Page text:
Tunisian baklawa (aka baklava)
From Turkey to Morocco, baklava finds its way in the cuisine of many. Originating from the Ottoman empire, baklava is a dessert made of layered phyllo dough filled with nuts and covered in sticky syrup. As such, it can often be cloyingly sweet (and soggy) but there are many exceptions. When I visited Istanbul 4 years ago, I tried şöbiyet baklava at a tiny pastry shop that took baklava to another level. The phyllo layers were paper-thin with just the right crunch and inside was a filling of the best chopped pistachios and creamy kaymak (thick buffalo-milk clotted cream) I had ever tasted.
The North African version, known as baklawa, doesn’t contain kaymak, though if you have access to it where you live, it certainly wouldn’t be a bad idea to include it.
Makes 60-80 pieces
For the pastry:
2 boxes phyllo dough (chilled)
1 cup pistachio (lightly toasted) (this can also be a half-half mix of pistachio/pine nuts)
1 cup sugar
1 tsp vanilla sugar (if can’t find, use regular vanilla extract)
½ cup orange blossom water
5 cups (lightly toasted almonds)
Small bowl of melted butter
For the simple syrup
3 cups sugar
2 cups water
2 tsp lemon juice
¼ to ½ cup orange blossom water
Pre-heat your oven to 350 degrees.
In a pan, very lightly toast the nuts. *note: there should be very little browning and some spots should retain their raw color/texture)
Remove them from the heat and allow to cool.
While the nuts are cooling, make the simple syrup:
In a medium pot, stir together water, sugar, lemon juice, and orange blossom water.
Cook on medium low for 30 minutes and set aside.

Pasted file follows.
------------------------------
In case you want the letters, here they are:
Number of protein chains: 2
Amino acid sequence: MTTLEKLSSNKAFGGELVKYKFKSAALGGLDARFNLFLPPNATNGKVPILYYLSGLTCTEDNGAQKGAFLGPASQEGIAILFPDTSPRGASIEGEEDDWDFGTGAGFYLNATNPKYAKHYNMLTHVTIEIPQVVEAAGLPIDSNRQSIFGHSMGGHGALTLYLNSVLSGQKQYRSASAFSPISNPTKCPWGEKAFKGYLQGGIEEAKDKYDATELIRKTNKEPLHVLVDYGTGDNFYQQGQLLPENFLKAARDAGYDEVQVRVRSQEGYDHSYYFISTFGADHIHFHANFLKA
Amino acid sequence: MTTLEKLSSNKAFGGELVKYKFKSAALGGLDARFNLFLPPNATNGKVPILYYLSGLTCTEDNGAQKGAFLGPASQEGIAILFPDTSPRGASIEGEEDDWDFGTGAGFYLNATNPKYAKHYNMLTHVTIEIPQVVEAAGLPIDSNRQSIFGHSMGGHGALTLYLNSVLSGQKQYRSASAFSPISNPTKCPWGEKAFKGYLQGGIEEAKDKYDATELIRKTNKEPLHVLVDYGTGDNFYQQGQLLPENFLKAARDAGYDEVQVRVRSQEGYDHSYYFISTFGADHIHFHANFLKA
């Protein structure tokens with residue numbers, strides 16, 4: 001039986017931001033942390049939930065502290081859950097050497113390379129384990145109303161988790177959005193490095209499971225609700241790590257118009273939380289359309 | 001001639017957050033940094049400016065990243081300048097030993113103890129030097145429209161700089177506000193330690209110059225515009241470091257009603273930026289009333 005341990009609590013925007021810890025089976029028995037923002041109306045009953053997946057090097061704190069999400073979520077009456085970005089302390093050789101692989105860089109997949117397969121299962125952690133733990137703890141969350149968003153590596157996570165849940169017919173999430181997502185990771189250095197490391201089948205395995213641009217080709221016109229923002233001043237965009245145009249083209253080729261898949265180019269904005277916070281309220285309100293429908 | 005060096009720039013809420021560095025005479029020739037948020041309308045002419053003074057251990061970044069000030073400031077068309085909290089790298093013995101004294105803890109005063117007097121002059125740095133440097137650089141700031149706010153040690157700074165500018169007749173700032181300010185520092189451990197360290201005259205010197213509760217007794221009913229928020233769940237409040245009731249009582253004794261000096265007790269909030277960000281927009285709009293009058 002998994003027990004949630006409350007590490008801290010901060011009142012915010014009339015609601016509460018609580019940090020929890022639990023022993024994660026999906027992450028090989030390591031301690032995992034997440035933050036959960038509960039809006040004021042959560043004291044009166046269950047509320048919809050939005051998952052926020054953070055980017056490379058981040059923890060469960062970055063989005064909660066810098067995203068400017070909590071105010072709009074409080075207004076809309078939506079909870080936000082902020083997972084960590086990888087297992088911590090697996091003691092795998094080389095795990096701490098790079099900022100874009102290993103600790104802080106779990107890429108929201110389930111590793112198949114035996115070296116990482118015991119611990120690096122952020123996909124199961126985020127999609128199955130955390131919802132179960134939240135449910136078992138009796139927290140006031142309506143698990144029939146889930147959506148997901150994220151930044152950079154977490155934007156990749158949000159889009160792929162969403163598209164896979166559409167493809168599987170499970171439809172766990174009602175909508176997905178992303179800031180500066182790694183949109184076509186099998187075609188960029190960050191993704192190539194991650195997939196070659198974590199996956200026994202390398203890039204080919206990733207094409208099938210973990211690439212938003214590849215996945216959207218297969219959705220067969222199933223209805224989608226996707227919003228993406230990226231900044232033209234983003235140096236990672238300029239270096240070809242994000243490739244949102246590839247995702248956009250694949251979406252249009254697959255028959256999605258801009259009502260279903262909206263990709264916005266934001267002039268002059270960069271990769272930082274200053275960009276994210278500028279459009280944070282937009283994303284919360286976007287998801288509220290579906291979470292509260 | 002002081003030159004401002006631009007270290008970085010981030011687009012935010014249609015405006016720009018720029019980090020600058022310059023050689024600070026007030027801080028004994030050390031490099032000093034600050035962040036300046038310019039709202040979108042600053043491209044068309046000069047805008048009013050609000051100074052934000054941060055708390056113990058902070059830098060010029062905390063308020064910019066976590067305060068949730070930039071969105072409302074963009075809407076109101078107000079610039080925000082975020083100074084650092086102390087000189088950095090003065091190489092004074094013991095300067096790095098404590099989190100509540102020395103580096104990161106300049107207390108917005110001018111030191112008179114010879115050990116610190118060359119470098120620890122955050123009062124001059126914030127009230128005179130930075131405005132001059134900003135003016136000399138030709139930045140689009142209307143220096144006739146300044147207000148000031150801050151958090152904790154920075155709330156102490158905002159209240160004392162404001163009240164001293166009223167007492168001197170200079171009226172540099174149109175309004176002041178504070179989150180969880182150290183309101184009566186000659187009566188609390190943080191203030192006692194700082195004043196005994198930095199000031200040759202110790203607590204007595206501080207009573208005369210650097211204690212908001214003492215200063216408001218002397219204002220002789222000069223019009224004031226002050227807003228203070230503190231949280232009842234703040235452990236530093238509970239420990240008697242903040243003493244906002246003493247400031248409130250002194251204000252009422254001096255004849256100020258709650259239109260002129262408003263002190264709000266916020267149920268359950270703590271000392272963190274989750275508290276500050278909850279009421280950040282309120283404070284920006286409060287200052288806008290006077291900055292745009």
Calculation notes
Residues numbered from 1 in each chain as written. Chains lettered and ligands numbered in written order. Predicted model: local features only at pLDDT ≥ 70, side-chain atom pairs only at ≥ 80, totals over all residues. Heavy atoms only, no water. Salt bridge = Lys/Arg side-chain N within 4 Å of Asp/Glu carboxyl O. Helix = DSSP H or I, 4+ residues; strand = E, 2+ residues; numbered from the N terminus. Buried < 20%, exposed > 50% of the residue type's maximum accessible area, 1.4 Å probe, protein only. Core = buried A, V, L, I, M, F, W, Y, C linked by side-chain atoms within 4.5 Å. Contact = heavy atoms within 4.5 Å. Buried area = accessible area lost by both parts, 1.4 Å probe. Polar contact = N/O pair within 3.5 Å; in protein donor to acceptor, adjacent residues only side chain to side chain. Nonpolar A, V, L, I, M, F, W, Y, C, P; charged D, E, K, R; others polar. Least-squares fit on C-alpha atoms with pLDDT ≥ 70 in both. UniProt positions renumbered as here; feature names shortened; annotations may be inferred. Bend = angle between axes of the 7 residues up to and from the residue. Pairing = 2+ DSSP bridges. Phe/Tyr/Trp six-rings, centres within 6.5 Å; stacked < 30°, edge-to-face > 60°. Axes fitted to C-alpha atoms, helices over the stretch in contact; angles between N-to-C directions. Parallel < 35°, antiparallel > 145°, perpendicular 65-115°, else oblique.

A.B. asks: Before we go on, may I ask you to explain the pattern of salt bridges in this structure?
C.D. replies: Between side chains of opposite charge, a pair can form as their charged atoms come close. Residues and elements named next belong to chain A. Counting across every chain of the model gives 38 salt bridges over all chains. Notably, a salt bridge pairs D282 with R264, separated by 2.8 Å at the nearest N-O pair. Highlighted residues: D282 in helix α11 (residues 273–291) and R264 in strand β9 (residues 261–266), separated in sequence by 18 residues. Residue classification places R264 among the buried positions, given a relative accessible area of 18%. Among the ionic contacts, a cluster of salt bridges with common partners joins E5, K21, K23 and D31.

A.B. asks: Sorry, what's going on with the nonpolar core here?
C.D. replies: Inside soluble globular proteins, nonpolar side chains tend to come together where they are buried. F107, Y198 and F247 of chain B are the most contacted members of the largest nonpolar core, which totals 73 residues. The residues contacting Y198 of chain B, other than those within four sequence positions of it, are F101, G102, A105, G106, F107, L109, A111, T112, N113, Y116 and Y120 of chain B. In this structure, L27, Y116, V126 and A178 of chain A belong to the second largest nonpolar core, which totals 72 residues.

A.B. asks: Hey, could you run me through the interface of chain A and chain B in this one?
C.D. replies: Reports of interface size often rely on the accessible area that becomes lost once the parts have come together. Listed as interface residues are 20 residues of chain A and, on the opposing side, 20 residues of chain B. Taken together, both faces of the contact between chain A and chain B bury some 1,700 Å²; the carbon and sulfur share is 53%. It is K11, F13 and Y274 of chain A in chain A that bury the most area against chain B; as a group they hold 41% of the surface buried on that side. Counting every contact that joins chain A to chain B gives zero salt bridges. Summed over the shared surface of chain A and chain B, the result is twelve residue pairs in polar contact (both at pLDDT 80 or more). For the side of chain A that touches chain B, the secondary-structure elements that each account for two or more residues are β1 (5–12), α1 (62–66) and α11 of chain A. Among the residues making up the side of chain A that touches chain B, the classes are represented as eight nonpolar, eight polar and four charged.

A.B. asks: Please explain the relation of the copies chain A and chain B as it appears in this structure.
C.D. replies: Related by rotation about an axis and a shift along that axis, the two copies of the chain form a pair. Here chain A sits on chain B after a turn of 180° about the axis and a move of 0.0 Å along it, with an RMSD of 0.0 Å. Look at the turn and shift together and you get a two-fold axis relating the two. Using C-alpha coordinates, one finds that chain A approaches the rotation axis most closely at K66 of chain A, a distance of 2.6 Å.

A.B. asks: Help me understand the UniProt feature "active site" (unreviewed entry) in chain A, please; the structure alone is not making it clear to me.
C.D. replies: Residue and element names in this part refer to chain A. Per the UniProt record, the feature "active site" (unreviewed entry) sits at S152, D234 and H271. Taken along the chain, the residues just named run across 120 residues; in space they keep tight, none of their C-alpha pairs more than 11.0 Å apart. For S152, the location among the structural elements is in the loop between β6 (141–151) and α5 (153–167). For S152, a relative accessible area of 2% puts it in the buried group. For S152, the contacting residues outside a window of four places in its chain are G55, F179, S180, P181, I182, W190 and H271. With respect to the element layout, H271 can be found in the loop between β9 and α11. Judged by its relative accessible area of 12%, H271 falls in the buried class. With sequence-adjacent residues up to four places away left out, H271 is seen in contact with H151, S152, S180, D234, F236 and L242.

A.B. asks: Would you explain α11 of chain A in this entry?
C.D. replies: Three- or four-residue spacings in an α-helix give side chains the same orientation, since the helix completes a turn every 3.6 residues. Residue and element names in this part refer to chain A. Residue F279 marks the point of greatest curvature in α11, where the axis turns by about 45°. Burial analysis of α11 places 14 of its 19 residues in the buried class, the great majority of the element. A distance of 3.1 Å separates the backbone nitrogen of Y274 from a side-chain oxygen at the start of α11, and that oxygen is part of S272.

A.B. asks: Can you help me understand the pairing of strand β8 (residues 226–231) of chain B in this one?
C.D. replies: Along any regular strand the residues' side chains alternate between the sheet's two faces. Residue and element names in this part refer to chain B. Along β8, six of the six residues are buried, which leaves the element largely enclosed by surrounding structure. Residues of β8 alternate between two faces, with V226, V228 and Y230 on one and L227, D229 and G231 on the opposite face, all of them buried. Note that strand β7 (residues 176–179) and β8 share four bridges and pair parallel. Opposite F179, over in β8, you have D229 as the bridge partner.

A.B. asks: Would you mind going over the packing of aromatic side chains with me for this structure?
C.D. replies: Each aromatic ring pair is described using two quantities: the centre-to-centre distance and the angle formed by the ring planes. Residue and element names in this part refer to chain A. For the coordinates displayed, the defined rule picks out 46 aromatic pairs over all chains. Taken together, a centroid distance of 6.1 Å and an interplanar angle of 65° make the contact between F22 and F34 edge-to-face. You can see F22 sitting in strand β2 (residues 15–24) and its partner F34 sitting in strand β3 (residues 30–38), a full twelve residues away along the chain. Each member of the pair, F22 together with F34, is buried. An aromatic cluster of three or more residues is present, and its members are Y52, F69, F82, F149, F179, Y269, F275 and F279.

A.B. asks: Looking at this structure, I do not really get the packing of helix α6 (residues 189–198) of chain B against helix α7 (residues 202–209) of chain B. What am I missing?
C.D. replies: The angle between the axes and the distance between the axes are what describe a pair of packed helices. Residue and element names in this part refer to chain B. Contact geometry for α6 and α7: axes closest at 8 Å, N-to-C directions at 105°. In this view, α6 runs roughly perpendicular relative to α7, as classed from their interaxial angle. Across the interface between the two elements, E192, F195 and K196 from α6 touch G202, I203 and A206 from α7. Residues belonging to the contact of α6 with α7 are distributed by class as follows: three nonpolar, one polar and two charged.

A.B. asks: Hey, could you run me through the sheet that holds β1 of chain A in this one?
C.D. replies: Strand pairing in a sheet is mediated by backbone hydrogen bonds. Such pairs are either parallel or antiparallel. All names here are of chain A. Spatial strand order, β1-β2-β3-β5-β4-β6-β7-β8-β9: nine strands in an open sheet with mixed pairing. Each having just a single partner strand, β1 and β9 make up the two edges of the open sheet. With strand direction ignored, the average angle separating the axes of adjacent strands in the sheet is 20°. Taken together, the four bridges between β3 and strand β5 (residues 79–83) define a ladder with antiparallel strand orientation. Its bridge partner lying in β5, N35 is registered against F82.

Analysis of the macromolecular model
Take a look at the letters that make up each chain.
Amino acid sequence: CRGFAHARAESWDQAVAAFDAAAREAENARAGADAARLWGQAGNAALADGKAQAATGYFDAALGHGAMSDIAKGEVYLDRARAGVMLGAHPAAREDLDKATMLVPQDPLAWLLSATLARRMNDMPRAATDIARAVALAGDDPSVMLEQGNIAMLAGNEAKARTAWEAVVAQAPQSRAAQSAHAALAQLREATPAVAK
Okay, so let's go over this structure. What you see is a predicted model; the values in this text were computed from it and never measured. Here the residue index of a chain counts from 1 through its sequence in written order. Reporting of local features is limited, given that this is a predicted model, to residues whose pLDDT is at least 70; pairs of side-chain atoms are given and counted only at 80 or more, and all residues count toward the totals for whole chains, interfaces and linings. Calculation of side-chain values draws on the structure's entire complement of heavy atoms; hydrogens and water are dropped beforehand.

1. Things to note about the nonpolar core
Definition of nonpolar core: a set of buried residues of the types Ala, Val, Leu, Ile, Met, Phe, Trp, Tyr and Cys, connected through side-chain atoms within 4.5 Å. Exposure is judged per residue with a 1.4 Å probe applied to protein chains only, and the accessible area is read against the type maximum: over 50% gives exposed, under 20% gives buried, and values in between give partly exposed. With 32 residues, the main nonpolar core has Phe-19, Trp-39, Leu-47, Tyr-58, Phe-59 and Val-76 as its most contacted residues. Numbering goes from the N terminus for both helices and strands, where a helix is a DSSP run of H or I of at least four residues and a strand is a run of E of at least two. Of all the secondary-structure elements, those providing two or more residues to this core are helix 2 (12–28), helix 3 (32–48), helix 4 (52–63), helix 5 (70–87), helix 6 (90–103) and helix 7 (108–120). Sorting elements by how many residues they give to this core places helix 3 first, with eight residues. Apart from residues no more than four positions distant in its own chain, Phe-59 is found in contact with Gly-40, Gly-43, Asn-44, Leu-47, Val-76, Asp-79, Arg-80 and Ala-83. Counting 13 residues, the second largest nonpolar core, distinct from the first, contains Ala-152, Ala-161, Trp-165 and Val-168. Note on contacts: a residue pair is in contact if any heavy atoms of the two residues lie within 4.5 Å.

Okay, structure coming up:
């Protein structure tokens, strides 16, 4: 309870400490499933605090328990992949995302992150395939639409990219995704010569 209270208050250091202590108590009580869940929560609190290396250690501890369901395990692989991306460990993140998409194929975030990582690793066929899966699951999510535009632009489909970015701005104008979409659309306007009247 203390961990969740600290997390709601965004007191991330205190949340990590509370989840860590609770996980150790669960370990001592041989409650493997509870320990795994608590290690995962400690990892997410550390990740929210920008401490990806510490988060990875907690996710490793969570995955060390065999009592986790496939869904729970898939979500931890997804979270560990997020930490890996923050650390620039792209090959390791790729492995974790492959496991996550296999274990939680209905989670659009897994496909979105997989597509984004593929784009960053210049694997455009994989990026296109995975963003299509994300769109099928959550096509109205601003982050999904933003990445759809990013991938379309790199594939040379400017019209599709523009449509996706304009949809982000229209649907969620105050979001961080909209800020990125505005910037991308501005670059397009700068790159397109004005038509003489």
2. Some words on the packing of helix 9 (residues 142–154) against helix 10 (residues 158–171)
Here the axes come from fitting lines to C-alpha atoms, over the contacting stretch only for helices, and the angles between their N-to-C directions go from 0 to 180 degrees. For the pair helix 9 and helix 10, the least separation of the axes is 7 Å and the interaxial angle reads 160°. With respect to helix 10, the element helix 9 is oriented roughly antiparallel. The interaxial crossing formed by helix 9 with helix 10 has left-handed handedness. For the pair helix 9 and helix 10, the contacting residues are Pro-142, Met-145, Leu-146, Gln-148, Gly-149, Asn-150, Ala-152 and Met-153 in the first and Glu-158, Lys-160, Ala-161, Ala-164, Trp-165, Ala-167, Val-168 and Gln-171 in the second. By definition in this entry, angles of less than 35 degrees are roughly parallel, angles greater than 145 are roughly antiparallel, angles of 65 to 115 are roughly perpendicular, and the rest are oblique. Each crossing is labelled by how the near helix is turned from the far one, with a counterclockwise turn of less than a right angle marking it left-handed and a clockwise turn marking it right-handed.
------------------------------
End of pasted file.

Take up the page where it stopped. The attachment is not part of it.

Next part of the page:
In a food processor, process almonds into coarse consistency (like thick couscous).
Process the pistachios next, these should be more coarse than the almonds, for best results, chop them by hand with a knife.
Place all the chopped nuts in a mixing bowl. Add sugar and vanilla sugar. Mix together with clean hands or a fork. Add the orange blossom water. Stir well and set aside.
Unwrap phyllo dough at your work space. Cover with plastic and a kitchen towel to keep from drying out as you work.
Brush the bottom of your pan with melted butter. Lay down your first two sheets of dough onto the tray. One on each side to fully cover your tray. Brush the sheets with melted butter.
Continue to layer 2-3 sheets sheets of dough at a time making sure to brush each layer with more melted butter until you have 15 sheets of dough laid down finishing the last layer with melted butter.
Empty the nut mixture onto the dough and gently spread it evenly with a fork to fully cover the dough.
Begin the layering process again making sure to brush each layer with melted butter until you have another 15 sheets layered on top. Make sure to brush the last sheet evenly with the melted butter.
Using a sharp knife, carefully cut the baklawa into diamond shapes and bake in the oven until golden brown.
Note: It is best to use a sharp knife for this and stand it up straight while cutting. To get even pieces, begin by cutting the whole tray in two halves. Then each half into half again, continue until you have about one inch columns or whatever desired size you prefer. Then cut individual diagonal lines down each column to complete your diamond shapes. Alternatively, you can also just cut baklawa into squares or rectangles.
Take out of the oven and pour the warm simple syrup evenly over the entire thing.
Note: The simple syrup can also be mixed with 2 cups of real honey. This gives the baklawa even more sweetness and a thicker, stickier consistency you commonly find in Tunisia and Algeria.
Let it sit overnight (or a few hours at least) to fully absorb the syrup then run a knife through your original cut marks to help you remove the baklawa pieces.
To serve, place in paper baking cups and arrange on a serving platter.